Scotland

Action plan to plug gaps in Scottish human rights provision

  • 30 October 2012
  • From the section Scotland
People
The plan aims to put human rights at the centre of day-to-day lives

Scotland is to have a national action plan for human rights.

The plan, to be drafted by the end of 2013, will attempt to fill gaps in existing human rights provision.

The project is being co-ordinated by the independent Scottish Human Rights Commission (SHRC).

It follows a three-year investigation which has discovered gaps in human rights protection in areas such as the health service, fair pay and access to justice.

Professor Allan Miller, who chairs the commission, said much more could be done to bring Scotland up to internationally agreed human rights standards.

"What we've found in this study is that while Scotland has made notable progress in a number of areas, it can do better," he said.

Getting it Right

"Crucially the research has shown that while there are some good high level policies and strong legislation, the realisation of human rights doesn't always happen in people's day-to-day lives."

In particular the research, called Getting it Right? Human Rights in Scotland, has highlighted problems with the availability of services in rural areas, discrimination in healthcare and the rights of disabled people, asylum seekers and gypsy travellers.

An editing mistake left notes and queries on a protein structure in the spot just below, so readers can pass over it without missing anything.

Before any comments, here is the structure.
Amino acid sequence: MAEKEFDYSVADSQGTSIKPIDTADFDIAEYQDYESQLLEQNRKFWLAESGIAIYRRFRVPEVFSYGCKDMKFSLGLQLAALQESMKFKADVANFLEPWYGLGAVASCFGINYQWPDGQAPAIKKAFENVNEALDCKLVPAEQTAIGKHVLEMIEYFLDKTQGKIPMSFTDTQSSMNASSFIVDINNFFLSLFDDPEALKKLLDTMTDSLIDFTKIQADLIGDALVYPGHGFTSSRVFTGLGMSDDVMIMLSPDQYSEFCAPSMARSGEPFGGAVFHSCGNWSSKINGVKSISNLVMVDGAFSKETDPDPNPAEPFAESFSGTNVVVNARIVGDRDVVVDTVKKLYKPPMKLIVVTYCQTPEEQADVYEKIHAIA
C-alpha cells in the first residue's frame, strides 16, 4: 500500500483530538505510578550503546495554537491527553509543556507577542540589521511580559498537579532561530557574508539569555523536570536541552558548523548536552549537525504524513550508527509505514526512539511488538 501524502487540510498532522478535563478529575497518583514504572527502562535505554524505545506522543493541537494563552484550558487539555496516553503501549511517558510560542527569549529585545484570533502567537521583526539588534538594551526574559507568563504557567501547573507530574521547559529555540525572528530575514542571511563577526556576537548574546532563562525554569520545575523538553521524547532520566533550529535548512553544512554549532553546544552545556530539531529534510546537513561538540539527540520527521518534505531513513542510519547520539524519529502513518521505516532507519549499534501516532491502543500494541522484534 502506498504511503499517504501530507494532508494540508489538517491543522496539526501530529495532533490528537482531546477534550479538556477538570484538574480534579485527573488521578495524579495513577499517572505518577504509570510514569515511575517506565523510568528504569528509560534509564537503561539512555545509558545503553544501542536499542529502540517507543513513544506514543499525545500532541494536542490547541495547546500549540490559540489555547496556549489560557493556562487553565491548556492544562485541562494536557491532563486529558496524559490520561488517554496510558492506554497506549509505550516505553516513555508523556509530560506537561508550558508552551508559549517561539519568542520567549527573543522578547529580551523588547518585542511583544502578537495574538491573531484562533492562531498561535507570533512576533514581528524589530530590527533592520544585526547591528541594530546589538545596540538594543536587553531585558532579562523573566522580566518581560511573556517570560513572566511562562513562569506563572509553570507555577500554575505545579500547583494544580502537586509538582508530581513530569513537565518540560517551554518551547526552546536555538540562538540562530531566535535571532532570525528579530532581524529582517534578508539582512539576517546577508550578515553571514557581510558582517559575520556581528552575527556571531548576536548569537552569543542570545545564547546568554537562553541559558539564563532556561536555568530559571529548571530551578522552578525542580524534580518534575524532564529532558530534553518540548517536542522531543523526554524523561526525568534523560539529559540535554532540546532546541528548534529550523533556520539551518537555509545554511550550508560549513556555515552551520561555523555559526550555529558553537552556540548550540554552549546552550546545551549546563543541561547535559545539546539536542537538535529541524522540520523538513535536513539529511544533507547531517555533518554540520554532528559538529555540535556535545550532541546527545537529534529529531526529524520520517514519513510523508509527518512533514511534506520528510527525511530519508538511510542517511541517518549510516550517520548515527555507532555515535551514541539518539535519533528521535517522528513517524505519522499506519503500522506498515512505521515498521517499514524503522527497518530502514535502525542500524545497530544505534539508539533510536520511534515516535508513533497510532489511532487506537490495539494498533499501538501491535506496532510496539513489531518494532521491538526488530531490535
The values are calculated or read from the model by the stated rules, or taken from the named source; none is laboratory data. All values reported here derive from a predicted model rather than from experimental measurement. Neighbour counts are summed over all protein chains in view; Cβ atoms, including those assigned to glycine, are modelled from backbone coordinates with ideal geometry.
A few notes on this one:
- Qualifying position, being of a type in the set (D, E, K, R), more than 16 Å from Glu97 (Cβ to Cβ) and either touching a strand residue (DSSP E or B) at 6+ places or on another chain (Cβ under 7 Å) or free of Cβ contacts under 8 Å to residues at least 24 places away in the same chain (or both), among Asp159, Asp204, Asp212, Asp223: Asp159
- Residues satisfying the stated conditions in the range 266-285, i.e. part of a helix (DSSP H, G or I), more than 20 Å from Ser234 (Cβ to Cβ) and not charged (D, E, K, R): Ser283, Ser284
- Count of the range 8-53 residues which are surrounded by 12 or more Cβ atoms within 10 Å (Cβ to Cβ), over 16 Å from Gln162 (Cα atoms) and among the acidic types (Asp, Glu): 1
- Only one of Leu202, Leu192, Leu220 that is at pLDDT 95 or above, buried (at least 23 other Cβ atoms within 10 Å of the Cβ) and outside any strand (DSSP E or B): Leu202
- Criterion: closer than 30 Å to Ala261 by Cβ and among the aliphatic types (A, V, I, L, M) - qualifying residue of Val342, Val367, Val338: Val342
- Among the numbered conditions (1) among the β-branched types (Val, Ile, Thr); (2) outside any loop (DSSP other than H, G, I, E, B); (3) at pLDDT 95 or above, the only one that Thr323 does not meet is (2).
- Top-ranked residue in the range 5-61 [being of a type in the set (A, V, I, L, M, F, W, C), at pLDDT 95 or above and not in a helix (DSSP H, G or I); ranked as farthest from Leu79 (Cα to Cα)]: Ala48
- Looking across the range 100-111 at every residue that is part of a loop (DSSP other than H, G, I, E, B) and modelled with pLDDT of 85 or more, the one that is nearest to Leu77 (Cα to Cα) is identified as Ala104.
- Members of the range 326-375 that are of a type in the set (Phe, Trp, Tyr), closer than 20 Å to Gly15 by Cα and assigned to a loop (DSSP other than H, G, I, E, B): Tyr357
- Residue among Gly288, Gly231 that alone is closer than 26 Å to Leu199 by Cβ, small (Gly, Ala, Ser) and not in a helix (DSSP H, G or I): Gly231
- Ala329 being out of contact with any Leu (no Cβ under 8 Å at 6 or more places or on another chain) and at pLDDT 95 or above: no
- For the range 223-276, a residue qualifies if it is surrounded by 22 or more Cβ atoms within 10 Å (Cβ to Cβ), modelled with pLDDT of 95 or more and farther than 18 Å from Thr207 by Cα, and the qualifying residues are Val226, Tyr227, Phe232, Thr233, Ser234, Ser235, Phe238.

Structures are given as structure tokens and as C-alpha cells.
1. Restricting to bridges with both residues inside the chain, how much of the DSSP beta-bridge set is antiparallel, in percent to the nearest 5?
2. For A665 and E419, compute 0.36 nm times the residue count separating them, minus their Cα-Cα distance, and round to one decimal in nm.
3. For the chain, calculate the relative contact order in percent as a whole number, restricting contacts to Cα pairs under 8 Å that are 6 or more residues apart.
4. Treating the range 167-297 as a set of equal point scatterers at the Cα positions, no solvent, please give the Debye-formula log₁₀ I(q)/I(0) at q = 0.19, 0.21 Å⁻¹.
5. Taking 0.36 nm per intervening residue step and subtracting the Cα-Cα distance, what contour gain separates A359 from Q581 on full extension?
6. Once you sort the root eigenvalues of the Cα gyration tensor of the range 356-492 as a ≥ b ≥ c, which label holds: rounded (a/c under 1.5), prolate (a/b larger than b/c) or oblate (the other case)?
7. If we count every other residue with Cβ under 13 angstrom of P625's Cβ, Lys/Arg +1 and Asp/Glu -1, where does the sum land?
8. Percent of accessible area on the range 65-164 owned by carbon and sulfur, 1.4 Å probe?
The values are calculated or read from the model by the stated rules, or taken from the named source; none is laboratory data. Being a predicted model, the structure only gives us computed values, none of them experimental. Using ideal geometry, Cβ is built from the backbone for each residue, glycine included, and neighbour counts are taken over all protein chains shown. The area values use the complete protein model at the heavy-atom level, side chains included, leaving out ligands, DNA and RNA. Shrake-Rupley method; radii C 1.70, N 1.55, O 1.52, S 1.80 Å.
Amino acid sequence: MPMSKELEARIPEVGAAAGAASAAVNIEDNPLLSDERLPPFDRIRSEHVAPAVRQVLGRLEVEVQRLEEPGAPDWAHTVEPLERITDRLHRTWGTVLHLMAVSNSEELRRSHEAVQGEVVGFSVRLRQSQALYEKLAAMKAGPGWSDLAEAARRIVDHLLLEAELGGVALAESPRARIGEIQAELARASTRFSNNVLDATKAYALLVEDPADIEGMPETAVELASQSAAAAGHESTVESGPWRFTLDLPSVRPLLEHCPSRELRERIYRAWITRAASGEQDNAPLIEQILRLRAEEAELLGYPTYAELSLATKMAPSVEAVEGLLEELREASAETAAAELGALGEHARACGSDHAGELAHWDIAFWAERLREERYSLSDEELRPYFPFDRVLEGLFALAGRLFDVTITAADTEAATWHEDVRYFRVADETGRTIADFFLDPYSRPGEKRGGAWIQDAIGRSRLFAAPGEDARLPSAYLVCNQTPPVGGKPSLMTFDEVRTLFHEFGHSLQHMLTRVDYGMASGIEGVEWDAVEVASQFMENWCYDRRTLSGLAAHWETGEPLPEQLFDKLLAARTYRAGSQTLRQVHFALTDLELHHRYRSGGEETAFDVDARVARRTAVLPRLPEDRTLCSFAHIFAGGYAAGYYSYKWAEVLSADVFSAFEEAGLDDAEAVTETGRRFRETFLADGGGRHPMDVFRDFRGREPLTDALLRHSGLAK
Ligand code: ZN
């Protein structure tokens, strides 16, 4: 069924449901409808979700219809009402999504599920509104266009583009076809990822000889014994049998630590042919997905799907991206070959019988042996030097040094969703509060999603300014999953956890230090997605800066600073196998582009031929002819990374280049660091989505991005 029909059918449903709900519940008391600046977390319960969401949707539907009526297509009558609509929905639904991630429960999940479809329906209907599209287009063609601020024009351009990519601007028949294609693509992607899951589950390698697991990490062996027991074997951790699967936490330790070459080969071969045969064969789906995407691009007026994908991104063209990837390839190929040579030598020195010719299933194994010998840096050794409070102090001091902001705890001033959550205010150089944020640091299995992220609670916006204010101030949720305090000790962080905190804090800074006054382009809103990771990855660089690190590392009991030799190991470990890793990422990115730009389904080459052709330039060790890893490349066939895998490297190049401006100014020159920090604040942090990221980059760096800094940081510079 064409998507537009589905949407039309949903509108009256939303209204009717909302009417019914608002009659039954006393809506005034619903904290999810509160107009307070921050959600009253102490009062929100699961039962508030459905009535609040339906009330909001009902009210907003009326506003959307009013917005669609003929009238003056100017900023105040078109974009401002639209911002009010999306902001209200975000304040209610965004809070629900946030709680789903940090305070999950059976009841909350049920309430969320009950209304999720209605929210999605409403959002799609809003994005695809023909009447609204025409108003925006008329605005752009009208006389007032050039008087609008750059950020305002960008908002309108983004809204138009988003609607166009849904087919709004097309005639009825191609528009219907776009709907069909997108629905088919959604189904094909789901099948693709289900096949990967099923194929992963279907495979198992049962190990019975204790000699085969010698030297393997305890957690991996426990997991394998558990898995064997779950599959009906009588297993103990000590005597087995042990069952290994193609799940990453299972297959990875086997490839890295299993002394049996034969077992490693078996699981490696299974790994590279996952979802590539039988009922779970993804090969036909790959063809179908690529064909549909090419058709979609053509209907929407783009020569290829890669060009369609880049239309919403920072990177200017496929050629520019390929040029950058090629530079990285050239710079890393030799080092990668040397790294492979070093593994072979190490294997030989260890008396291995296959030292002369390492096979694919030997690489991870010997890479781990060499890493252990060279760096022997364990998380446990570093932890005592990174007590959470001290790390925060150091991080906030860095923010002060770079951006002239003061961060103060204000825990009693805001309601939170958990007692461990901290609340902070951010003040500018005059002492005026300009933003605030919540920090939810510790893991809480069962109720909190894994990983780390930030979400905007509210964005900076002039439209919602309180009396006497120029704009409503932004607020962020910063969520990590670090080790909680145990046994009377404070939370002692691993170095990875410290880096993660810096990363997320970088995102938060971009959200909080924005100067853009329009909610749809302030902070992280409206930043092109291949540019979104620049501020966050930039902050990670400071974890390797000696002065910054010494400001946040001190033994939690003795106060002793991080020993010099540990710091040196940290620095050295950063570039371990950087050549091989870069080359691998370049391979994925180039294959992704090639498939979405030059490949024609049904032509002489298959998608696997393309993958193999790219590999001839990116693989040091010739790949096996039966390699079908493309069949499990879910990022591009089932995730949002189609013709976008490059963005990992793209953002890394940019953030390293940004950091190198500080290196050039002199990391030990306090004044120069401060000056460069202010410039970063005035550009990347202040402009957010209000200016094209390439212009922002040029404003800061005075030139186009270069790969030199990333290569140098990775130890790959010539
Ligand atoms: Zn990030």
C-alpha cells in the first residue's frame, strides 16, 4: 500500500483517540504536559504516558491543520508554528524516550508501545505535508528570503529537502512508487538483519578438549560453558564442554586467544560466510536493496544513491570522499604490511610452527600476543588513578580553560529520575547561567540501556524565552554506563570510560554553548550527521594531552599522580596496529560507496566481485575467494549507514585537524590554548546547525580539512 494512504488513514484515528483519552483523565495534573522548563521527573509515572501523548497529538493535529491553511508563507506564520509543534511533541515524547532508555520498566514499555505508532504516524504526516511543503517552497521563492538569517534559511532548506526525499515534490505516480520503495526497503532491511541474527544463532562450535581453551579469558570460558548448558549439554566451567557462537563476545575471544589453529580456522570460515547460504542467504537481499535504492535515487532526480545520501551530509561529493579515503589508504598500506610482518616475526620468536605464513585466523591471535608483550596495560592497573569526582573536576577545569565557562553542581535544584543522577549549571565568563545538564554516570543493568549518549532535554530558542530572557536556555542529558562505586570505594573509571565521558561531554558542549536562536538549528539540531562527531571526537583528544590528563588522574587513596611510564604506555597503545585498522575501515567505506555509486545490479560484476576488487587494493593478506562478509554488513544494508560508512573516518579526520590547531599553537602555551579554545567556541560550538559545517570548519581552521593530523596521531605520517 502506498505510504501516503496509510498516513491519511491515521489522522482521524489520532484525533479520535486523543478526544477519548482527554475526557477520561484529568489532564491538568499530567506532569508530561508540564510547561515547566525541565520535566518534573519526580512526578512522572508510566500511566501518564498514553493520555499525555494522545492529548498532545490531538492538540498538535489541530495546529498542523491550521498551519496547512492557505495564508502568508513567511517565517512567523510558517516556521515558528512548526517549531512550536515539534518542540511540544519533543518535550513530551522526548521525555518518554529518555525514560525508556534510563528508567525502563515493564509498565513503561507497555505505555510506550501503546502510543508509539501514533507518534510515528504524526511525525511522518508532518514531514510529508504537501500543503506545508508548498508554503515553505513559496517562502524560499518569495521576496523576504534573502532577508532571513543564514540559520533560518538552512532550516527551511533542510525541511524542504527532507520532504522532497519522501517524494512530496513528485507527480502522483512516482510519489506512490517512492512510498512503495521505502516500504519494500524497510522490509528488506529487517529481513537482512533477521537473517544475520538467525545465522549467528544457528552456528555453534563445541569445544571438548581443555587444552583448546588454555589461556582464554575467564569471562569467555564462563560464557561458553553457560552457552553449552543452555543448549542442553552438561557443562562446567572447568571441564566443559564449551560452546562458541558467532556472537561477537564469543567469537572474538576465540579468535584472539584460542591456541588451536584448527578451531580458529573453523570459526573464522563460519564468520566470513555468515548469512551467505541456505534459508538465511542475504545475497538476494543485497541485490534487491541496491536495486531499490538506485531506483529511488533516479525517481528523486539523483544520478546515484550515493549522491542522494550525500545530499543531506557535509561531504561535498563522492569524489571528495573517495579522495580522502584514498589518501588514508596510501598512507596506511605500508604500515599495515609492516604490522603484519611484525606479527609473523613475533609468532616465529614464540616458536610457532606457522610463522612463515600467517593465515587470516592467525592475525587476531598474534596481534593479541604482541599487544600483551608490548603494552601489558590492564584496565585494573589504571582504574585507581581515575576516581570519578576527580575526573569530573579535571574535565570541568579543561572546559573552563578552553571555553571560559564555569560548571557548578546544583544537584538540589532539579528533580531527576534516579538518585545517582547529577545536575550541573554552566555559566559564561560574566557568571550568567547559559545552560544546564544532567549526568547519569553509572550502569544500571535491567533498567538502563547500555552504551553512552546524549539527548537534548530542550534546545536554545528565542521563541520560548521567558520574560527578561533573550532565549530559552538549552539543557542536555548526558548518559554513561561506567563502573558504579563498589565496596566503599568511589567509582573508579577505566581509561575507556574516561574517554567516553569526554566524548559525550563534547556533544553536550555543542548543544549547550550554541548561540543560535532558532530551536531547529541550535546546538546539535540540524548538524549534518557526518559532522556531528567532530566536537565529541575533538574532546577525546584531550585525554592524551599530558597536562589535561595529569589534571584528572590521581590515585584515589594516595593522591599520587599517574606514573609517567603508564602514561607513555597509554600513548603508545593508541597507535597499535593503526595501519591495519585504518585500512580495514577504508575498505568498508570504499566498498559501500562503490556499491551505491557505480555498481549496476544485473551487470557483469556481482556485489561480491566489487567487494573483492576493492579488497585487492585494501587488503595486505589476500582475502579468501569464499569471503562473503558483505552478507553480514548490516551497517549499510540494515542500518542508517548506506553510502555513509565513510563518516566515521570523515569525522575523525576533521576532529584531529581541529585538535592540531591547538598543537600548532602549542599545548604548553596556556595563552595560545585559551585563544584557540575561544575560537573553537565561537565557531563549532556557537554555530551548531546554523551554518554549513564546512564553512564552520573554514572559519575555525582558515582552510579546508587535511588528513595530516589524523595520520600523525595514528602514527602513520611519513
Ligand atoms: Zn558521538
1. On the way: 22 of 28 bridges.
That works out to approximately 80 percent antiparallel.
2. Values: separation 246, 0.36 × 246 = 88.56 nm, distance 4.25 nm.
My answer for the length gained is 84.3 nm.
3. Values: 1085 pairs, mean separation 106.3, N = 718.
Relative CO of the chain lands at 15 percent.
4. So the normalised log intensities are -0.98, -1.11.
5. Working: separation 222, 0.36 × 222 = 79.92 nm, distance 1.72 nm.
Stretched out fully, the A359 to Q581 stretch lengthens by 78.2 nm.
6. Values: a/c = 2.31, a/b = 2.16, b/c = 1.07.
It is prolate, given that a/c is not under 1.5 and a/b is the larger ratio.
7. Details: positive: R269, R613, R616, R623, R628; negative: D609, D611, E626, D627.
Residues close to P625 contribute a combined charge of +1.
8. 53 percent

It also suggested more could be done with the right to adequate housing, fair pay, fuel poverty, policing, and the rights of victims of crime.

The new action plan will set out how to improve the picture - and eventually bring Scotland in line with countries which already have such official policies, such as Denmark, Finland, Australia and New Zealand.

The commission said it would work closely with a number of organisations to draw up the plan in a consultation lasting until March 2013, and would then monitor progress made to implement it.

Navi Pillay, United Nations High Commissioner for Human Rights, endorsed the Scottish process.

She said: "It is very important that countries develop and implement National Action Plans with the participation of civil society, public bodies, United Nations experts, academics, parliaments and individuals.

"National Action Plans can bring clarity to states in identifying the steps they must take to improve the promotion and protection of human rights, especially for the most vulnerable people."

SHRC was established in 2008 to promote and protect human rights guaranteed by the European Convention on Human Rights (ECHR), which form part of the law of Scotland through the Human Rights Act, 1998 and the Scotland Act, 1998.

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